Joe Mathews: OC residents have good reason to infer that going to the expense of making OC life better for current resident new immigrants and homeless and new seekers of affordable housing will simply increase the future attraction of OC to yet more.
Over 600,000 people in the United States are unsheltered or unhoused. Although the number of homeless in the U.S. has grown over the past 30 years, modern day homelessness is not a new phenomenon. According to Wikipedia, in England in 1547 a bill was passed that subjected the homeless to two years servitude and branding with a "V" as the penalty for the first offense and death for the second.
hile Detroit, with a population of just over 700,000 has a violent crime rate of 2,137 per 100,000 residents, it’s no wonder it’s listed as the most dangerous city in America. The city seethes with opportunistic criminals that prey on the weak and vulnerable, but it also has a much darker problem where gangs and police brutality […]
Gustavo Arellano: At the beginning of this year, Orange County announced the simplest of solutions to its homeless problem: It would make living along the Santa Ana riverbed illegal and let the homeless figure out where to go.
Joe Weinstein: There is no sustainable solution for homelessness until the city (and state and nation and globe) insist on – and start taking specific steps toward – a sustainable population policy.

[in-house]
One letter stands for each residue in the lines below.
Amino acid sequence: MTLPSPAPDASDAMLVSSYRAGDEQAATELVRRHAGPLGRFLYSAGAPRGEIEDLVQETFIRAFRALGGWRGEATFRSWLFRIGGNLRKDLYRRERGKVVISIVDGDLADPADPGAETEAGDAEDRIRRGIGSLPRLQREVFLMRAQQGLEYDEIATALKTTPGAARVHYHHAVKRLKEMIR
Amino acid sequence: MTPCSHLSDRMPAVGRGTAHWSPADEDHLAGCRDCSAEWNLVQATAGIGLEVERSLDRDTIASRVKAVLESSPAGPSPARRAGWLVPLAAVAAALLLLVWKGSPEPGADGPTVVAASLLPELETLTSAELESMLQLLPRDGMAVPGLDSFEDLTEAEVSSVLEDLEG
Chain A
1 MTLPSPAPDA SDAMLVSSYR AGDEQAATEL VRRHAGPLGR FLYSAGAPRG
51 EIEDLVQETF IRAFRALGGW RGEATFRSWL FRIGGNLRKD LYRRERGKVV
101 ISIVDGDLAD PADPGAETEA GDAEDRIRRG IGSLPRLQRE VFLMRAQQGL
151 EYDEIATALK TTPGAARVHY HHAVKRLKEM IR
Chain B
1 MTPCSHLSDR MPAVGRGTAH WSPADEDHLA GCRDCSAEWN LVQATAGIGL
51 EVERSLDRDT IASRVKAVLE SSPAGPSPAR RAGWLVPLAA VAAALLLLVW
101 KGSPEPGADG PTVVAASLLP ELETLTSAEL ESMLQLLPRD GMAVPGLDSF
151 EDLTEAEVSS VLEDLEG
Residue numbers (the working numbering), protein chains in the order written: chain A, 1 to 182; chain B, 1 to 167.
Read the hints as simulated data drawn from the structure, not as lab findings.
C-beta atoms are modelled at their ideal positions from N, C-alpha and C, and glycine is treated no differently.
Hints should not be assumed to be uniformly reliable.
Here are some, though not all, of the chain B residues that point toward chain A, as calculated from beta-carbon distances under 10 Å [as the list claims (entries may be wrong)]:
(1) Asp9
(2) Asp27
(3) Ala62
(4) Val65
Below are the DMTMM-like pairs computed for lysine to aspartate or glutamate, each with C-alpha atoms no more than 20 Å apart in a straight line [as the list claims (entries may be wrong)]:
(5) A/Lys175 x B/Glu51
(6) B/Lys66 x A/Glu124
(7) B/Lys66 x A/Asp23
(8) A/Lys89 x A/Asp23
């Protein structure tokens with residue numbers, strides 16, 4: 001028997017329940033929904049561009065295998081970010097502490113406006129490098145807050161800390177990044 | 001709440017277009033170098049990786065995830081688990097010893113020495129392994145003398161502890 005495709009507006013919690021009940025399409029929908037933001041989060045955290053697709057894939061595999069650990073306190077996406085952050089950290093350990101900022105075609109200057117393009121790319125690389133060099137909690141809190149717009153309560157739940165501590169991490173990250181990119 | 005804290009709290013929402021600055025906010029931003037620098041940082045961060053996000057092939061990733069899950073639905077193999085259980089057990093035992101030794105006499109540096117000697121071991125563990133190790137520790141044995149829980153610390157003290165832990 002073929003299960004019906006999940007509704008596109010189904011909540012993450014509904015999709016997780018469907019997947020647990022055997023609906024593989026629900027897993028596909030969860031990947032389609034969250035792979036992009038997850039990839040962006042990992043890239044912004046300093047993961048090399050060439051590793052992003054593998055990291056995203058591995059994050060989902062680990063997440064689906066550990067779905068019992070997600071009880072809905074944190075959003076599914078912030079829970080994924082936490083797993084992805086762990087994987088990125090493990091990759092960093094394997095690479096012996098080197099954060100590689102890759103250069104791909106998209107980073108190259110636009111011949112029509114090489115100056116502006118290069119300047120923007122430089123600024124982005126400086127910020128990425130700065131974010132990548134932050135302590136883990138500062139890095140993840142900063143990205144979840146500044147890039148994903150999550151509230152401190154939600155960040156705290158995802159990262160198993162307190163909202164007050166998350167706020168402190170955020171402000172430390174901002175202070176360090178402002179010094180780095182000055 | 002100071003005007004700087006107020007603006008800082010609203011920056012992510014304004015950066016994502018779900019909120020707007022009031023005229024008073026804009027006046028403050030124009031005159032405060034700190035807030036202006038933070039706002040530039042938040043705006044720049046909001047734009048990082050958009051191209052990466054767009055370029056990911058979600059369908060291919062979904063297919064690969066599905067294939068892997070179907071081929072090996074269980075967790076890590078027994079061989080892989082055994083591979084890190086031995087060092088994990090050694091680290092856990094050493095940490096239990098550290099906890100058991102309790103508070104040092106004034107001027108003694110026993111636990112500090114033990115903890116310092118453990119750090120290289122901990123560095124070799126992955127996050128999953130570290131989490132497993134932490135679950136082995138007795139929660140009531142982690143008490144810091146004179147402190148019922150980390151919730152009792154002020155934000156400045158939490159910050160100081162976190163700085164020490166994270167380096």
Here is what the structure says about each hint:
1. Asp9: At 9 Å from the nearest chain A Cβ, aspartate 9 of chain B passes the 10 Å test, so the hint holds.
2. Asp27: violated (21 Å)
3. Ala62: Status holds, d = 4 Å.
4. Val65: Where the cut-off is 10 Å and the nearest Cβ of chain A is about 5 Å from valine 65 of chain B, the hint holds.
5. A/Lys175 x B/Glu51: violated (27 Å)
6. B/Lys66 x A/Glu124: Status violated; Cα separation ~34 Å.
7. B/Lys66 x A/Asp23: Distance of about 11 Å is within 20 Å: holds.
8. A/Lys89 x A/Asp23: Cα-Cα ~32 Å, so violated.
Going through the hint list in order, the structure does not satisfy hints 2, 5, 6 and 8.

Randy Shaw: The big scam that has been played for over 35 years is the shift of a federal housing responsibility to cities. Cities that never had the resources to replace federal housing programs, and never will.
John Peeler: Rents in poor areas are, paradoxically, high, because the poor population are largely captives: they are prevented by means legal and illegal from moving out.
Charles Davis: Nearly 58,000 people are homeless in Los Angeles County, according to a 2017 count — up 20 percent from the year before.
Eve Garrow: The report puts the blame squarely on public officials who engage in a “dual narrative” about American society in which “the rich are industrious, entrepreneurial, patriotic and the drivers of economic success. The poor are wasters, losers and scammers.”
Jaime O’Neill: It feels like we’re racing toward the precipice, from the Korean peninsula to the Middle East and right on down to us people in this country who have been somewhat sheltered for so long from the worst of things human beings can do to make things miserable for one another.
Paul K. Haeder: In a time of neoliberalism, Capitalism runs roughshod over humanity for the One Percent and another Nine Percent in USA
Paul Haeder: You don’t end up rape-plowed and drug-induced and violence-taught and then seek some monk’s or nun’s sense of the world, justice, and reclamation.
Sam Davis: The obvious solution is that we must keep people on the verge from becoming homeless, because once on the streets they experience a dehumanizing and costly downward spiral.
Paul Haeder: What we have is emptiness in America – the public spaces no longer public, barricaded against the struggle that is displacement, and no place to live or stay.